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12 hours ago, DeadMan said:

More concretely, your line of thinking would leave victims of drunk drivers with shattered lives and no compensation. They would only be able to recover from the drunk driver’s auto insurance, and all of that would be used to cover medical costs. The victim wouldn’t see a cent. 

That's certainly the distributive justice argument.

A harsh reality for all litigants, it's only worth suing someone who's worth suing. If you get hit by a drunk driver, it's better news if the driver is a Wall Street trader than a guy who works part time in Dollar General.

I'd argue that the primary responsibility for the accident lies with the driver, who voluntarily got drunk and chose to drive a car. But, as you said, if the driver is broke, the victim won't see a cent.

Distributive justice goes in search of someone who is worth suing, and, in the process, I'd argue, stretches the meaning of duty on the part of that person or entity, considerably, in making them a defendant to the case.

Edited by ScouseJohnny

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29 minutes ago, iacas said:

:hmm:

He's simply explained the legal side of things.

Sheesh.

There isn’t only one “legal side of things”...

If there were, we wouldn’t even have attorneys, just judges. 

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42 minutes ago, NM Golf said:

I find myself in the middle here somewhere between the apathetic responses of @David in FL and the bleeding heart of @DeadMan.

There is really no need to add emotion in your response like this if we are going to discuss this like adults. You don't have to agree with someones post, but there is no need to crap on them for doing so. This is what causes threads to unravel into flame wars. 

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6 minutes ago, David in FL said:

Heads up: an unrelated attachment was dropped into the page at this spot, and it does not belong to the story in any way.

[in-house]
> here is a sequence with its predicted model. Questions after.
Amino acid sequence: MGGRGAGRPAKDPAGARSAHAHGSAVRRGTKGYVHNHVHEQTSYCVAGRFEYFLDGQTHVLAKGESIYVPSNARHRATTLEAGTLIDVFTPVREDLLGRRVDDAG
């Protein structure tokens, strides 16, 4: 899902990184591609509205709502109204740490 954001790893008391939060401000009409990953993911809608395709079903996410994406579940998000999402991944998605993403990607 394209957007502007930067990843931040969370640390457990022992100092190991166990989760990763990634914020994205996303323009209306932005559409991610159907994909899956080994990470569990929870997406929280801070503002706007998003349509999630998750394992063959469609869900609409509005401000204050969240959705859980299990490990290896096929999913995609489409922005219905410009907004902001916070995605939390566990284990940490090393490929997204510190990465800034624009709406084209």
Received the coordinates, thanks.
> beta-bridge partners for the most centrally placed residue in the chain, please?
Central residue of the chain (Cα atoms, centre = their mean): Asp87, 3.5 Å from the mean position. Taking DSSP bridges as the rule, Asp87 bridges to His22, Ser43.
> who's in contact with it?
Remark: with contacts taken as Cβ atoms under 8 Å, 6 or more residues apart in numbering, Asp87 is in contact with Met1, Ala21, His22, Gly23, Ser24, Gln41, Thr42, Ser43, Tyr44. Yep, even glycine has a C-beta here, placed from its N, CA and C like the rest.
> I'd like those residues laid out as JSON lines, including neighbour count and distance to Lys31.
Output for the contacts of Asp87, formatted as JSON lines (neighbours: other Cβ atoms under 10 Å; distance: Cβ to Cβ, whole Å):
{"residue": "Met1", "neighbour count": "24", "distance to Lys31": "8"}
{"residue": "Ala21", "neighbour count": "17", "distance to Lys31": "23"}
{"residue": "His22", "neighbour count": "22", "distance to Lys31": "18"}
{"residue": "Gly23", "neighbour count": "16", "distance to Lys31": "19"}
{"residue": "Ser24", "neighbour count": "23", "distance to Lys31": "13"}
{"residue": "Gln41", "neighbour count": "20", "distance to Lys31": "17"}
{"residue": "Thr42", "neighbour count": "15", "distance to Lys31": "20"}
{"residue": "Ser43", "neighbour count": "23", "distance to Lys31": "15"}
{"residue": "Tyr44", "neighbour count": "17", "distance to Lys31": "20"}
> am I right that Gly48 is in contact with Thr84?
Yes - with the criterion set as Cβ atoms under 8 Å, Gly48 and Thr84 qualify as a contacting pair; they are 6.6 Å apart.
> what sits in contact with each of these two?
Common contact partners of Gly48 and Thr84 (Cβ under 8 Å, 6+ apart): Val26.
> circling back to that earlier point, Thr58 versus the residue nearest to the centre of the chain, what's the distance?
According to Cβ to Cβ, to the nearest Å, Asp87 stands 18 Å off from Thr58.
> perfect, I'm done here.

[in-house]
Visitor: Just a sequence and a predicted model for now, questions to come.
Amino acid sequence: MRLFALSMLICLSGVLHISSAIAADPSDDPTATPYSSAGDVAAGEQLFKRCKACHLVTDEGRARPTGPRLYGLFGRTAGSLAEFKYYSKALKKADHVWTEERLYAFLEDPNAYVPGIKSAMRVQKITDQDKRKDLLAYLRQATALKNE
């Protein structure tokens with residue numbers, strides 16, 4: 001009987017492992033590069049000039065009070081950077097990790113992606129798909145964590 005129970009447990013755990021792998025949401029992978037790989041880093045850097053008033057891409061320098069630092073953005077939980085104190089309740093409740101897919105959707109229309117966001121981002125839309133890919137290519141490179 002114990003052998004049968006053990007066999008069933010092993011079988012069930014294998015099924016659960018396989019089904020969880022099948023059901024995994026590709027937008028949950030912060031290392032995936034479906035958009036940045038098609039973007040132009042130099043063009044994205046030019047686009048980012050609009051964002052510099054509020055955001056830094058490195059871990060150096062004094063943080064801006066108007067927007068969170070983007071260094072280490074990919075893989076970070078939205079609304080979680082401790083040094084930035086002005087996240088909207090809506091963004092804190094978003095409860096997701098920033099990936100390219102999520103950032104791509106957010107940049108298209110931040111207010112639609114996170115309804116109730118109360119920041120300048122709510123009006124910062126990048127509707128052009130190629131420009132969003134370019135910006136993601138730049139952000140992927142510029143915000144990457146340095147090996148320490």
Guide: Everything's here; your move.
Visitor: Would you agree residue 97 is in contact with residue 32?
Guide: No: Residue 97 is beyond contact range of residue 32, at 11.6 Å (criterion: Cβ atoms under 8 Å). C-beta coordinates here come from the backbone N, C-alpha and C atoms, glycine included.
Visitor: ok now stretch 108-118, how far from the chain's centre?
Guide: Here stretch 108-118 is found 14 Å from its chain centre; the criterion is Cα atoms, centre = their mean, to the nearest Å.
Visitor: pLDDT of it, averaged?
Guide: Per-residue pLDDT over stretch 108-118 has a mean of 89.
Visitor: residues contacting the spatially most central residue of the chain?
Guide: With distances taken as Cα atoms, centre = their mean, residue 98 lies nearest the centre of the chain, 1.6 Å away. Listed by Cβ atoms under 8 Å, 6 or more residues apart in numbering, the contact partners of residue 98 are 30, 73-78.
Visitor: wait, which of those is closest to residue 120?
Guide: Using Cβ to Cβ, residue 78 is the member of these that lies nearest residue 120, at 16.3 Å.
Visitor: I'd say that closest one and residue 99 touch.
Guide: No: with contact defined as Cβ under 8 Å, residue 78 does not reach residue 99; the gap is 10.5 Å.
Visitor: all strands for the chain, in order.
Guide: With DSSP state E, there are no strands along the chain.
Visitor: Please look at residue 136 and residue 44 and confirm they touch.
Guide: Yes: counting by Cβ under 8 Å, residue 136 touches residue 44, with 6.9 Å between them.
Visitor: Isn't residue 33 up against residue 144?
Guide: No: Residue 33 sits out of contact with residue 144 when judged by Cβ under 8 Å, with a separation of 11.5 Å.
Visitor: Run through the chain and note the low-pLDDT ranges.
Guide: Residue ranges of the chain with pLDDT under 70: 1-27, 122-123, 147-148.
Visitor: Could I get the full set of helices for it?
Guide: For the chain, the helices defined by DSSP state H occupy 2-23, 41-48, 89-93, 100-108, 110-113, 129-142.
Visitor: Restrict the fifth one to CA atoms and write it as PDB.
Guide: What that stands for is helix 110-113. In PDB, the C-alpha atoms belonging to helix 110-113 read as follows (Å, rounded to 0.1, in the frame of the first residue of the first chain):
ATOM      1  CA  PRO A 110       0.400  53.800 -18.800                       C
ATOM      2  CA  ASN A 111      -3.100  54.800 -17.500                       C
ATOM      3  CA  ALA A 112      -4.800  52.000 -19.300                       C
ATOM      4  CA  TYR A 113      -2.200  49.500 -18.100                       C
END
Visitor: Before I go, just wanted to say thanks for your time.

There isn’t only one “legal side of things”...

If there were, we wouldn’t even have attorneys, just judges. 

Completely wrong.

I didn't say he explained what the verdict should be, only that the laws exist and why, with examples.

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43 minutes ago, NM Golf said:

What I continue to have an issue with is the laws that allow additional defendants to be named for no other reason than they have deeper pockets. It is a stretch, to say the least, that Tiger Woods holds any responsibility for this guy at all. He is named ONLY because some scummy ambulance chasing lawyer saw dollar $igns. I mean hold the bartender, the manager (maybe), and the bar (if proper protocols were not in place) liable; the were involved (directly and indirectly). But the rich owner? Please! And what about the dead guy? Is he not most responsible for his own demise? Of course he is, yet he is made out to be a victim so that lawyers can line their pockets. 

The way the article is written, Tiger is named because the law allows him to be named directly as the owner in this exact situation (i.e., bar overserving someone they knew to be an alcoholic). I haven't looked at the law myself, so I'm not 100% sure. Generally, you would just go after the business in this situation and not the owner directly. The unique law here I think makes a difference.

I actually think that naming Tiger may have been more for publicity and a quick settlement more than anything. I'm guessing his bar has the necessary insurance to cover this without having to name Tiger directly. But, by naming Tiger directly, and letting the media know, he's created some bad press for Tiger. Also, the timing isn't a coincidence. The lawyer wants to make it a headache for Tiger. It definitely feels scummy, yes, but it's probably in the best interest of his client. And, ultimately, as a lawyer, that's what matters.

5 minutes ago, ScouseJohnny said:

Distributive justice goes in search of someone who is worth suing, and, in the process, I'd argue, stretches the meaning of duty on the part of that person or entity, considerably, in making them a defendant to the case.

I think that's an entirely reasonable view. I think these specific cases can be really difficult. But, if you overserve someone, or serve someone knowing that person is drunk, you do have some responsibility. If you, as a bartender, see someone stumbling drunk out of your bar and start his car, do you really have zero responsibility? I'd say you have some responsibility. Not a lot; not as nearly as much as the drunk driver, but some. Maybe 5%? I don't know.